BEYOND THE PLEASURE PRINCIPLE, Michael Slusakowicz: New Gallery, London 13-20th December Micahel Slusakowicz Untitled (Breasts) Oil on Canvas, 35x40cm. 2011 The final show in Millington | Marriott’s five month curatorial residency at New Gallery London presents a new body of work from London-based Polish artist Michael Slusakowicz. Progressing from an ongoing interest in the prominent role fear can play in human imagination and action, Beyond the Pleasure Principle presents viewers with images of varying degrees of sexual explicitness or suggestiveness, holding a mirror up to what society deems should be private and making it uncompromisingly and uncomfortably public. Beyond the Pleasure Principle draws on Freud’s essay of the same name, focussing on the two sides of humanity: the publicly acceptable ‘light’ and the necessarily private ‘dark’. Slusakowicz’ paintings such as Driven take sexually explicit images from the internet and present them to us in oil on canvas. For many these are images they would rather not confront, but here are forced to deal with the uncomfortable. The oversized phallus between the seated figure’s legs is not immediately apparent, and this uncertainty makes it all the more shocking upon realisation: is that really what I’m seeing or am I just...? The mouse cursor in the foreground of this painting reminds us of the voyeuristic protection the anonymity of the internet affords. It also acts as a digital bridge across the room to the tangle of wires in the opposite corner. Those wires spilling out onto the floor form part of a new installation created for the show, and also called Beyond the Pleasure Principle. Here Slusakowicz moves into abstraction; a change from the representative work which his practice has centred around for the past several years. The wires lead up to two diagonal parallel white strip lights around which are composed three canvasses: black, white and grey. In the context of the paintings around it the installation clearly speaks of parallels of the public and private; normal and deviant; running alongside one another and competing in each of us. We are all trying to pull off a balancing act between what we really want and what we’re prepared to admit to. Intriguingly though, the grey canvas appears black at first glance. It certainly seems darker than the mid-point of the white and black across the wall from it. In selecting such a dark tone for this fulcrum of the work, is the artist saying something about the actual path we, or perhaps he himself, picks through this balancing act? Perhaps the most beautiful work in the show is also the most humble: The Punch of the Century is a simple pencil drawing on a sheet of A4 paper in which Slusakowicz demonstrates his consummate skill as a draughtsman. Pictured are two figures stripped to the waist slugging away at each other. Not humans though but miniature figurines: the reflection of the polished wood they’re made from expertly conveyed in pencil on paper. The noble, idealised homo-eroticism contained in this image of pugilism contrasts poignantly with the sinister dark robes left on the peg in the adjacent His and His on the Fur which forces the viewer to be complicit in some very private and possibly sinister act. Beyond the Pleasure Principle deals with contemporary themes in its referencing of the internet and the anonymity it allows us, but is at the same time universal, dealing with the ongoing balancing act which is the essence of being ‘civilised’. While The Punch of the Century pictures a latent desire which is rendered ‘acceptable’, Slusakowicz’ other paintings such as Driven confront the viewer with those which are still very much not. Adam Walker
Preview: The Takeaway Shop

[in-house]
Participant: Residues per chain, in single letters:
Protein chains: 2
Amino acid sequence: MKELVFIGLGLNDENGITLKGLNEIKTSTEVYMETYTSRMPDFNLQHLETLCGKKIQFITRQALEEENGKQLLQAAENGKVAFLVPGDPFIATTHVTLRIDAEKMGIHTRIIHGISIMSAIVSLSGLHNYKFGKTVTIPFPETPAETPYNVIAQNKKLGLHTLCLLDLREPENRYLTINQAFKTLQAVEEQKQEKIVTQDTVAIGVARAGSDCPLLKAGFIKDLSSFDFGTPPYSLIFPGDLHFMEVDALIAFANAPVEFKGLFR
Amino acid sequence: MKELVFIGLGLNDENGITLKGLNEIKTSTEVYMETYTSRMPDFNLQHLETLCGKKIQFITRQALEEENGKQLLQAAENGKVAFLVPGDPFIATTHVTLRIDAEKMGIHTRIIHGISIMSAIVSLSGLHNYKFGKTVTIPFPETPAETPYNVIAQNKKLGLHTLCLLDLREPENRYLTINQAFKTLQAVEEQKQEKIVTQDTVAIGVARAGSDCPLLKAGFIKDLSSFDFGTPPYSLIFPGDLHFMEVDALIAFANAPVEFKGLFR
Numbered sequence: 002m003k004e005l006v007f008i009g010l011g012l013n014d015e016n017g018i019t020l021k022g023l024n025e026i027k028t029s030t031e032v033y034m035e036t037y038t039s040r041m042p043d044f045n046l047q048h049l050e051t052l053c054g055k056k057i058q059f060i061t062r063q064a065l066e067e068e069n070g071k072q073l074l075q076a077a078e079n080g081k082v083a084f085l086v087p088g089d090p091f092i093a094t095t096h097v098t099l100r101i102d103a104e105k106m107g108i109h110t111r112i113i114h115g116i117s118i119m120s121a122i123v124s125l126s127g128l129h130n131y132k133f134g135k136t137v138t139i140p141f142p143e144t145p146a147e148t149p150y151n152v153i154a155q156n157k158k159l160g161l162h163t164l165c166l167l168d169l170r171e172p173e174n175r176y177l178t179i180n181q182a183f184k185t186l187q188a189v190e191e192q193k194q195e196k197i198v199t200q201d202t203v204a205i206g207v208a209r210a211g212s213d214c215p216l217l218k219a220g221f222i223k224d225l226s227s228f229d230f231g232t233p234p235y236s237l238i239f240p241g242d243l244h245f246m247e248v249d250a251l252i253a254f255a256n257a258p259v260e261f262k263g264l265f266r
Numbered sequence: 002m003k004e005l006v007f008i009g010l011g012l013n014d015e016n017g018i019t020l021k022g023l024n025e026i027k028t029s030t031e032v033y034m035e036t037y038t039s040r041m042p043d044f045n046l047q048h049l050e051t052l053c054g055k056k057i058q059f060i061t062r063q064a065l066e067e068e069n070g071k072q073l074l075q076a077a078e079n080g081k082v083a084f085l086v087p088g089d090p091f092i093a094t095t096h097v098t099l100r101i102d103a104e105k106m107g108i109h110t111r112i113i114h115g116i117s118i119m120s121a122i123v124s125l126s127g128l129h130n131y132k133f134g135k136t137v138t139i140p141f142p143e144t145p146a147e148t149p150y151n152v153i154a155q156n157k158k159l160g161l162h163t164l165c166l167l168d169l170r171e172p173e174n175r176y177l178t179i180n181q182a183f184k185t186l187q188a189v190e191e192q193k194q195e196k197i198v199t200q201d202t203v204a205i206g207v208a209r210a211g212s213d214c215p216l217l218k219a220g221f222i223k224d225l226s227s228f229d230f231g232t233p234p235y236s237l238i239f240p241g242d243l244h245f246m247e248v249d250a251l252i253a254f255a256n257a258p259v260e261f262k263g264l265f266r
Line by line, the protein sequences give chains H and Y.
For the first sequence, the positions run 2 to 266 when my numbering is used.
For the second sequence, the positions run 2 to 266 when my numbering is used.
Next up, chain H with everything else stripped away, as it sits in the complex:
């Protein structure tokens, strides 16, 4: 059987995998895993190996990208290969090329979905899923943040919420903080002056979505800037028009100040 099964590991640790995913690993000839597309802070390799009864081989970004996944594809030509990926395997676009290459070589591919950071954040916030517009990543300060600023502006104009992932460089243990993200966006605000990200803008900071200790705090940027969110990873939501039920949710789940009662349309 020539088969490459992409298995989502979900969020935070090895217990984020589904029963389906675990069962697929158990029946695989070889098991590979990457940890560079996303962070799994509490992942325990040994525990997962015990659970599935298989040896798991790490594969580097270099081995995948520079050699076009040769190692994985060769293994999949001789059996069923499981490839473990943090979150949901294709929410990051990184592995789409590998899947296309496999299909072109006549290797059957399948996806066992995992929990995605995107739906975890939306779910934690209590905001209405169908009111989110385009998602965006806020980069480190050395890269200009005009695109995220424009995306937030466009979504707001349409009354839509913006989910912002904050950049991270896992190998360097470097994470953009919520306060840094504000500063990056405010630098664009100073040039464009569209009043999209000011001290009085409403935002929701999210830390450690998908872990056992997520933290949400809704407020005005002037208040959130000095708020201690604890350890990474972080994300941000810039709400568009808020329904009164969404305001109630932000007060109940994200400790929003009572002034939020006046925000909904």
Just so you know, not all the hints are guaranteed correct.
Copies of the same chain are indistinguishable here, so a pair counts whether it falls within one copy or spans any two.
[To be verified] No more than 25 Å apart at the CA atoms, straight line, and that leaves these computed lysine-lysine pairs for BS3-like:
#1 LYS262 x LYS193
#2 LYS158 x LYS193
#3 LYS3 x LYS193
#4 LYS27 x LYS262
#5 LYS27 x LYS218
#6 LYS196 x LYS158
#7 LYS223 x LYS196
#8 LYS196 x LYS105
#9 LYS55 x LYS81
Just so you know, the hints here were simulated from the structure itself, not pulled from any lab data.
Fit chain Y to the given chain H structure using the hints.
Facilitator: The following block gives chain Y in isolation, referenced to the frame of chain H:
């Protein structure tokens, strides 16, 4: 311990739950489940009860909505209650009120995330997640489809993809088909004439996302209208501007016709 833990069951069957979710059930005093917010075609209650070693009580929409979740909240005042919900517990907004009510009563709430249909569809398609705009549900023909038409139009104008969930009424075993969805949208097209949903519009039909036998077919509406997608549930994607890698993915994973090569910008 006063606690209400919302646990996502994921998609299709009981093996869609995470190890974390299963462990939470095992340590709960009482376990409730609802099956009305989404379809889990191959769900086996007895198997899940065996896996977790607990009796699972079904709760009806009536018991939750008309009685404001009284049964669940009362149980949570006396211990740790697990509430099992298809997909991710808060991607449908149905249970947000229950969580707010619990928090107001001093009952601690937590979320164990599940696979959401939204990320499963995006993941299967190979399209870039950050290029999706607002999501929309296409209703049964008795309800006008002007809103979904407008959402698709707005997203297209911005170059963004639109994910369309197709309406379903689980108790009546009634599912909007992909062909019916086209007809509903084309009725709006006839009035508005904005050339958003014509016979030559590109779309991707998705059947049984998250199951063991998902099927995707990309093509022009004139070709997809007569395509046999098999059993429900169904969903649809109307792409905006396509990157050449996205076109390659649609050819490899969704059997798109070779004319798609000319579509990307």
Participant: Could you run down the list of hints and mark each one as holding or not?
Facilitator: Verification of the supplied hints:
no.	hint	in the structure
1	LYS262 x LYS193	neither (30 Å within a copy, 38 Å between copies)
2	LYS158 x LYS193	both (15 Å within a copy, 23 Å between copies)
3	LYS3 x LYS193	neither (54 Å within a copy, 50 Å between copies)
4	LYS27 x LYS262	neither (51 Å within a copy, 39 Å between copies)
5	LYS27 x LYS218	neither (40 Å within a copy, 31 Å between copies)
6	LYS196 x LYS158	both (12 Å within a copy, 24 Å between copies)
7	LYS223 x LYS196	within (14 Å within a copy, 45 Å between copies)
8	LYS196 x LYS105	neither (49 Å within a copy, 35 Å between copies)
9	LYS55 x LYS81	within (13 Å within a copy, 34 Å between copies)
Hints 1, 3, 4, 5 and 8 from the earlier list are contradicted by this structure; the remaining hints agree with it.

THE TAKEAWAY SHOP Amy Lord's Number 82 Gallery 20th - 27th January 2012 10am - 6pm weekdays, 12 - 5pm Sat & Sun Late night Friday 27th January (until 8pm) Amy Lord is a live artist and designer making original multi-textured and layered encounters and experiences; mixing installation, performance and craft. Her work is mostly concerned with, and inspired by human behaviour and experiences. Chantelle Purcell talks to Amy to find out about her upcoming project ‘The Takeaway Shop’ at Number 82 Gallery. CP – Can you tell us more about the upcoming project 'The Takeaway Shop' at Number 82 gallery? AL – I will be in the space from 20–27 Jan with a collection of research about the local history of the area. I will be teaching different bookbinding and book-making skills that will allow people to make their own handmade archives to take away with them. CP – Who is the event intended for? AL – For anyone that lives in, or is visiting Deptford and New Cross. It is primarily for people that live or work in the area but also for those with an interest in London's history. CP – How can making archives more accessible promote discursivity and a sense of community? AL – The one thing a community shares is place. And the history of that place. That cannot be changed and should be used to bring people together. CP & ndash; How far back have you researched into Deptfordʼs history? And how have you collected the various fragments of historical information? AL – Deptford has a 2000 year history, there will be some facts from around 1066 and 500AD I think, but most will start from around 1300 onwards. I've copied and reproduced some interesting images and texts from books and other interesting documents from the local library archive. CP – What else have you been doing in preparation for the project? AL – Gathering all the tools for the book binding, a lot of paper making, and trying to reach as many local residents as possible with news of the project! And a lot of reading, I've found some incredibly detailed reference books dedicated to the history of Deptford. CP – Have you always been based in Deptford? AL – No, I have lived in London for 4 years now and have only been here for 1. CP – Do you think the need to understand the area in which you are now based stems from a sense of ʻdisplacementʼ and a need to be more connected to the area? AL – Perhaps. I think we all get the urge to put down roots in somewhere that we know we will be living for a while, but the idea for this project came more from stumbling across relics from the past (I think the bizarre statue on creekside of Peter the Tsar was one) and being absolutely entranced by the idea of the this area having such a colourful history. I thought other people might be too. CP – How do you think someone who has lived in Deptford all their life will approach this project? AL – I hope they will bring their own memories and stories of Deptford to The Takeaway Shop and contribute to building an ever growing archive of human stories and experiences. I'm trying to explore many different areas of the history (i.e humanitarian, architectural, political and environmental) so I hope they may find out something that they didn't know before. CP – This project seems to share similar ideas to a previous work '24 Carrot Cake' which explored consumerism and attempted to create a renewed value of discarded objects. Would you say that there has been a resurgence in craft and making opposed to the mass produced? AL – I have been learning and enjoying lots of different crafts for many years now but it does seem like there has been a resurgence in craft and making of late. I hope this isn't just a trend that's going to die down again! I don't think it will though, I think people are starting to see through consumerism, especially in the current economic climate. And I don't think it's necessarily the end product that matters the most when you're doing craft - it's the process and the satisfaction you get during the making stages. CP – Can you discuss the ʻreachʼ an artwork like this can have? How will it be documented? And how will the event exist archivally? AL – I think it will be experienced on many different levels. There will be those who actually take part in the workshop, those that hear about the workshop and are passed the skills or knowledge by word of mouth, and those that discover books that are left in local places. The event itself will be documented on camera and I will be writing about each day on my website blog (which goes live in january and posting more by-the-moment documentation through Twitter. CP – What have you learnt from undertaking a project like this? AL – I've been really pleased with the response, I suppose it has confirmed that people will always want to know about the humans that lived, walked and breathed the same air as them many years ago – maybe because we hope future generations will be curious about us, and looking at the trail we've left when we're gone. CP – Whatʼs next? AL – I'd like to do The Takeaway Shop again, in an empty shop. I'm obsessed with empty commercial spaces but have yet to get through to any local letting agents to convince them of the benefits of using empty shops for artistic or community purposes. In the month after TTS I'm running an alternative Valentine's day Hunt event for Rich Mix in Shoreditch, but in a few days time will be doing a short performance piece at BAC Scratch on Thursday 22nd Dec. Thanks very much Amy Lord! Interview with Chantelle Purcell